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The Miraculous Conversion Stories of 4 Preachers Who Gave Up Everything to Join the Church

Visions, dreams, faith, and sacrifice. These are many reoccurring elements in the conversion stories of some of the very first members of The Church of Jesus Christ of Latter-day Saints. Learn more about their incredible stories in the accounts below.

The following are excerpts from the Church's new groundbreaking historySaints: The Standard of Truth. Read it for free through the Gospel Library app and at saints.lds.org or buy a hard copy to own at Deseret Book. Be sure to also check out the Saints podcast here.

Solomon Chamberlin

Solomon Chamberlin, a preacher on his way to Canada, first heard about the “Gold Bible” from a family he lodged with near Palmyra. Like Thomas Marsh, he had moved from church to church throughout his life but felt dissatisfied with what he saw. Some churches preached gospel principles and believed in spiritual gifts, but they did not have God’s prophets or His priesthood.  Solomon felt the time was coming when the Lord would bring forth His church.

As Solomon listened to the family talk about Joseph Smith and the gold plates, he felt electrified from head to toe, and he determined to find the Smiths and learn more about the book.

He set out for the Smith house and met Hyrum at the door. “Peace be to this house,” Solomon said.

“I hope it will be peace,” Hyrum replied.

“Is there anyone here,” asked Solomon, “that believes in visions or revelations?”

“Yes,” Hyrum said, “we are a visionary house.”

Solomon told Hyrum about a vision he had seen years before. In it, an angel had said that God had no church on the earth but would soon raise one up that had power like the apostles’ church of old. Hyrum and the others in the house understood what Solomon said and told him they shared his belief.

“I wish you would make known some of your discoveries,” Solomon said. “I think I can bear them.”

Hyrum invited him to stay at the Smith farm as a guest and showed him the Book of Mormon manuscript. Solomon studied it for two days and went with Hyrum to Grandin’s printing office, where a printer gave him sixty-four printed pages. With the unbound pages in hand, Solomon continued on to Canada, preaching everything he knew about the new faith along the way.13


The Standard of Truth is the first book in Saints, a new, four-volume narrative history of The Church of Jesus Christ of Latter-day Saints. Fast-paced and meticulously researched, Saints recounts true stories of Latter-day Saints across the globe and answers the Lord's call to write history "for the good of the church, and for the rising generations" (Doctrine and Covenants 69:0).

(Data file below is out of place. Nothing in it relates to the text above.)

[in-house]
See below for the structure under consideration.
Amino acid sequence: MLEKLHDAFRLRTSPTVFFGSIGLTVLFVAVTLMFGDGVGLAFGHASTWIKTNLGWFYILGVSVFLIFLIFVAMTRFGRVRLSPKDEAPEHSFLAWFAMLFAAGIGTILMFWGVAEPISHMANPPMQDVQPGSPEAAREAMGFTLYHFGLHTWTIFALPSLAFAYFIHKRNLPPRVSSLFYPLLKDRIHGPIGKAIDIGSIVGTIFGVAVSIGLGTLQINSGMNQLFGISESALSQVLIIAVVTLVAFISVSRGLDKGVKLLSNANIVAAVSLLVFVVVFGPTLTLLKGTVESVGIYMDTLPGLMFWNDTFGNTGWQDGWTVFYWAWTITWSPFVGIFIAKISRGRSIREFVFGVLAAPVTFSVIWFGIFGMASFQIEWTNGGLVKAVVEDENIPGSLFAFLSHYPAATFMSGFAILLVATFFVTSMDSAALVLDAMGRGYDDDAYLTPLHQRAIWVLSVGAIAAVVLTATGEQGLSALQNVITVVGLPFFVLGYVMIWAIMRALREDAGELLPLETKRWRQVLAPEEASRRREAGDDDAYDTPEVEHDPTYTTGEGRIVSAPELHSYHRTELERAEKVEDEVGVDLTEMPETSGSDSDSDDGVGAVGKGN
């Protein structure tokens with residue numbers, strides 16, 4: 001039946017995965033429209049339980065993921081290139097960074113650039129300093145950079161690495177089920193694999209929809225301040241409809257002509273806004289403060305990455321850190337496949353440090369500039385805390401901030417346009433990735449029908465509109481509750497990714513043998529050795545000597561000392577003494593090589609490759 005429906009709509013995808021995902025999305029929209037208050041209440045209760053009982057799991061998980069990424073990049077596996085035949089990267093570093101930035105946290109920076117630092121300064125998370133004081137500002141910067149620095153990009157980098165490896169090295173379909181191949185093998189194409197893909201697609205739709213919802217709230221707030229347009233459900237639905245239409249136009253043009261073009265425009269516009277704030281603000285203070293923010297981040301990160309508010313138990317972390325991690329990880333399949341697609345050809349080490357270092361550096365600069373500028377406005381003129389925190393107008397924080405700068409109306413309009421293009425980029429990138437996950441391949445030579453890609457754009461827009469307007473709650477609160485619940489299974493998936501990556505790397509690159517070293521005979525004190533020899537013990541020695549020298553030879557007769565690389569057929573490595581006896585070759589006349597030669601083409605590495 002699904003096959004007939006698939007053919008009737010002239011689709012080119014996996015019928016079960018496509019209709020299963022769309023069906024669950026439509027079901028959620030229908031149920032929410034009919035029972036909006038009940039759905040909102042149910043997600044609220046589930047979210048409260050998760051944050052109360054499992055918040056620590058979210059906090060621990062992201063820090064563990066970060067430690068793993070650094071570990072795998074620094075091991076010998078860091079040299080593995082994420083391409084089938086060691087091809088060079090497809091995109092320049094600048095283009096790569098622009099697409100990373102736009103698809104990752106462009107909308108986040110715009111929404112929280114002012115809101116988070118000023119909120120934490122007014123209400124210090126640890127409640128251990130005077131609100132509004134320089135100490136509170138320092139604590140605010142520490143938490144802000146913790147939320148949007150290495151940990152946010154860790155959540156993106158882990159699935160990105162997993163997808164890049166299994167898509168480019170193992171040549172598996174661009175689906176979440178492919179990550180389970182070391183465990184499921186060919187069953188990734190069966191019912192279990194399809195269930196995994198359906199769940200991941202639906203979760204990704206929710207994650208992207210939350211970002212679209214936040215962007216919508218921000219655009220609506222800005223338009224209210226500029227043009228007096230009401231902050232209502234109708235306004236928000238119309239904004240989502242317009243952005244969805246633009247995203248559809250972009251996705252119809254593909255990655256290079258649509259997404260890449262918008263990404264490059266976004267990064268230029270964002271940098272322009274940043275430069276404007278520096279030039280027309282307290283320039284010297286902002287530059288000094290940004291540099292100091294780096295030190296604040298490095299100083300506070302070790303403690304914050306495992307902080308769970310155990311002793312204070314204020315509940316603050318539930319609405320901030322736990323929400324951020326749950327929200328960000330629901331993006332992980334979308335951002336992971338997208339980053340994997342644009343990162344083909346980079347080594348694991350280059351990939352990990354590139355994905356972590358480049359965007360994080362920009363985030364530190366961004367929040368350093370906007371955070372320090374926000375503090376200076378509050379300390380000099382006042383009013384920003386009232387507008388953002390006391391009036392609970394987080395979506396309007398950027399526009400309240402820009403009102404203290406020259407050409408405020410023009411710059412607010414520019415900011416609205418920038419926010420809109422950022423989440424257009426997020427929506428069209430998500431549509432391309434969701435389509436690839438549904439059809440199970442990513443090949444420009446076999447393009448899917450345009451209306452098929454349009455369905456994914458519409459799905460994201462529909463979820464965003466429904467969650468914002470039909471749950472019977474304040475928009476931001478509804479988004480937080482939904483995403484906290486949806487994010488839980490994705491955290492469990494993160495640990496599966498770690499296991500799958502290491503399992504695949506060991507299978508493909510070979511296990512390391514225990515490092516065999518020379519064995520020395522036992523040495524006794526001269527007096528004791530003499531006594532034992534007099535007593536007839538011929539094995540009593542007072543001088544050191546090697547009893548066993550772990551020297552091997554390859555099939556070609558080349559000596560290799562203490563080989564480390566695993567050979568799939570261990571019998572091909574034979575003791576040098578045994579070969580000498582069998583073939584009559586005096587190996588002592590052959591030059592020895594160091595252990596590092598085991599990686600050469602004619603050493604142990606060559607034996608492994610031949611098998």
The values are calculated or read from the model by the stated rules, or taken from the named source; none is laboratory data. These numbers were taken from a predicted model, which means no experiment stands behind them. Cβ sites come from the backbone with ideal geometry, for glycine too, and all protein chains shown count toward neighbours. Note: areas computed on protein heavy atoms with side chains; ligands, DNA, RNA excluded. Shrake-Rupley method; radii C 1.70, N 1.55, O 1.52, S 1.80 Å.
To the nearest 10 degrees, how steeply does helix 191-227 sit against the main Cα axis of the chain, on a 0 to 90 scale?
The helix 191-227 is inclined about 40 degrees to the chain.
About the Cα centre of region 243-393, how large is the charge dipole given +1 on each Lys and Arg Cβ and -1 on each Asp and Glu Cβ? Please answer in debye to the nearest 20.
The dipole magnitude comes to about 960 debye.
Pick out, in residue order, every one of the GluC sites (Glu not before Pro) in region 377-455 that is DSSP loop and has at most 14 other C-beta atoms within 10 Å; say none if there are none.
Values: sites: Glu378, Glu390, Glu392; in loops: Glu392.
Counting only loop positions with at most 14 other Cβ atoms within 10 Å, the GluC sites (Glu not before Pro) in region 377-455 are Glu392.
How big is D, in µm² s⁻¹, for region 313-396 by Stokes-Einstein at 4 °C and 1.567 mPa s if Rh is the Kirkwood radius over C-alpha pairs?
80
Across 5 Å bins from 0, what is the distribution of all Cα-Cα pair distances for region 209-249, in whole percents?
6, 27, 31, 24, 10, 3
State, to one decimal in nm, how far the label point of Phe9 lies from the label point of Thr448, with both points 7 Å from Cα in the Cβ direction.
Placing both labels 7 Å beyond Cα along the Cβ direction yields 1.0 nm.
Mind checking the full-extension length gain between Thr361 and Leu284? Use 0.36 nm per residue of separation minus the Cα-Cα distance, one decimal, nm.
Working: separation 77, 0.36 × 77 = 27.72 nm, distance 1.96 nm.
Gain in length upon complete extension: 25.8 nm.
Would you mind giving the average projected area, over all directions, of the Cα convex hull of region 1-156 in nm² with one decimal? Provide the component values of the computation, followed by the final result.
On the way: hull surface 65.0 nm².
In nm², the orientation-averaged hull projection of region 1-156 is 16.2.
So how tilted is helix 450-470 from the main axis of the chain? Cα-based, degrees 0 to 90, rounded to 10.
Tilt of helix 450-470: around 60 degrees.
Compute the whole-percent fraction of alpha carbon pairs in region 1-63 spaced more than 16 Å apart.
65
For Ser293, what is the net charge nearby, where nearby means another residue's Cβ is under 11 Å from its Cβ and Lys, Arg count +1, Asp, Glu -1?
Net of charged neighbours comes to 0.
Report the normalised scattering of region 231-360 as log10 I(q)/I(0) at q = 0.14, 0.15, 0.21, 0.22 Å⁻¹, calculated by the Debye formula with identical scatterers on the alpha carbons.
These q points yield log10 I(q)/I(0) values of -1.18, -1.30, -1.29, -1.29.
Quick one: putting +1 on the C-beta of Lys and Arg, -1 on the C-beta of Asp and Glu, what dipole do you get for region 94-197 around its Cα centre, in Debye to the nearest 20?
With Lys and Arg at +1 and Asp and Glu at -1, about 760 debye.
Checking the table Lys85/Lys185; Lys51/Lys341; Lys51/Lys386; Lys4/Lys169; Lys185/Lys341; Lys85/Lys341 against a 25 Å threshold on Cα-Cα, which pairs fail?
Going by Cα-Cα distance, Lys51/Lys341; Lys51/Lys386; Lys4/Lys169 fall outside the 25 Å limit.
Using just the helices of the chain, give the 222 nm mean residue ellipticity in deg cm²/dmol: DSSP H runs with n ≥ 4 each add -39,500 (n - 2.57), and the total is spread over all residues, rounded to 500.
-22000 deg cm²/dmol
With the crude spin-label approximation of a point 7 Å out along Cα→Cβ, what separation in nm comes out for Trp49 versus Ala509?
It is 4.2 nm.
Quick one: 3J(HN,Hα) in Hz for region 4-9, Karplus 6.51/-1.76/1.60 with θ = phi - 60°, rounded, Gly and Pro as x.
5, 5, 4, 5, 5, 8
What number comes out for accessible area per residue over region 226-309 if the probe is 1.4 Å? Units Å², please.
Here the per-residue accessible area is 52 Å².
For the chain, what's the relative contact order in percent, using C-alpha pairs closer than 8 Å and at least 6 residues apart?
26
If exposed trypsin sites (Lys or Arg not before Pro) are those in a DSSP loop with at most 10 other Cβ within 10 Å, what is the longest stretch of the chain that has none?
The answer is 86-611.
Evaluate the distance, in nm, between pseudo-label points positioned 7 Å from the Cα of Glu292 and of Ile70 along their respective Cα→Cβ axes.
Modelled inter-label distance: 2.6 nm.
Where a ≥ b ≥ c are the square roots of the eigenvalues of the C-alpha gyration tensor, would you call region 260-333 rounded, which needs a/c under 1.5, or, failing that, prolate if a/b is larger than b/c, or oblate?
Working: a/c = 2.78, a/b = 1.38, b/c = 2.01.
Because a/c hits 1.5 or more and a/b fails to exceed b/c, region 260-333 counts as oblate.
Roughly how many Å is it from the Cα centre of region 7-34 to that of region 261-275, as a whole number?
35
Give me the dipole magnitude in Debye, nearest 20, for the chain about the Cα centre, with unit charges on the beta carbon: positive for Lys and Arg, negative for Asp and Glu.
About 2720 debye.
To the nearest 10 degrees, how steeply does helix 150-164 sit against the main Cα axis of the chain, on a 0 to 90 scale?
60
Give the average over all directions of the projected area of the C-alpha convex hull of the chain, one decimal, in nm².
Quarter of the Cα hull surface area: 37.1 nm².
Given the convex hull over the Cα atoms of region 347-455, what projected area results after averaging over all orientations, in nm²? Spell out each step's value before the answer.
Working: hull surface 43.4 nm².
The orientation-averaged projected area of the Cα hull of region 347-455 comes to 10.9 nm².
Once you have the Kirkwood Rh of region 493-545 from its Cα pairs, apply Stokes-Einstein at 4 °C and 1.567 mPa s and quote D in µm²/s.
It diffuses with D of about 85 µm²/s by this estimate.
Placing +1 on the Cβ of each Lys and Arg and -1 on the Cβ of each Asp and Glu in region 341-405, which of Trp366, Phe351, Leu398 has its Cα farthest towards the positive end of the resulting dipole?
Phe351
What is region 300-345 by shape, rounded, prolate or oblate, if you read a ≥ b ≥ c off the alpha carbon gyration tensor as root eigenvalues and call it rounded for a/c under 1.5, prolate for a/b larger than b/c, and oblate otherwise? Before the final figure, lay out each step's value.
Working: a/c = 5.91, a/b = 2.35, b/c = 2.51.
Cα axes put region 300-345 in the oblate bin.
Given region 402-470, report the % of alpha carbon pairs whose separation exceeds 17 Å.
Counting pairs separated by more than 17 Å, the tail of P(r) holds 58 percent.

Parley P. Pratt

Image from Wikimedia Commons

Hundreds of miles to the west, a farmer named Parley Pratt felt the Spirit urging him to leave his home and family to preach of the prophecies and spiritual gifts he found in the Bible. He sold his farm at a loss and trusted God would bless him for giving up everything for Christ.

With only a few items of clothing and just enough money to make the journey, he and his wife, Thankful, left their home and headed east to visit family before he set out to preach. As they traveled by canal, however, Parley turned to Thankful and asked her to go on without him. He felt the Spirit directing him to get off the boat.

“I will come soon,” he promised. “I have a work to do in this region.”6

Parley disembarked and walked ten miles into the countryside, where he came upon the home of a Baptist deacon who told him about a strange new book he had acquired. It claimed to be an ancient record, the man said, translated from gold plates with the help of angels and visions. The deacon did not have the book with him, but he promised to show it to Parley the following day.

The next morning, Parley returned to the deacon’s house. He opened the book eagerly and read its title page. He then turned to the back of the book and read  the testimonies of several witnesses. The words drew him in, and he started the book from the beginning. Hours passed, but he could not stop reading. Eating and sleeping were a burden. The Spirit of the Lord was upon him, and he knew the book was true.7

Parley soon made his way to the nearby village of Palmyra, determined to meet the translator of the book. People in town pointed him to a farm a few miles down the road. As Parley walked in that direction, he saw a man and asked him where he could find Joseph Smith. The man told him that Joseph lived in Harmony, a hundred miles south, but introduced himself as Hyrum Smith, the prophet’s brother.

They talked most of the night, and Hyrum testified of the Book of Mormon, the restoration of the priesthood, and the Lord’s work in the latter days. The next morning, Parley had preaching appointments to fulfill, so Hyrum gave him a copy of the book and sent him on his way.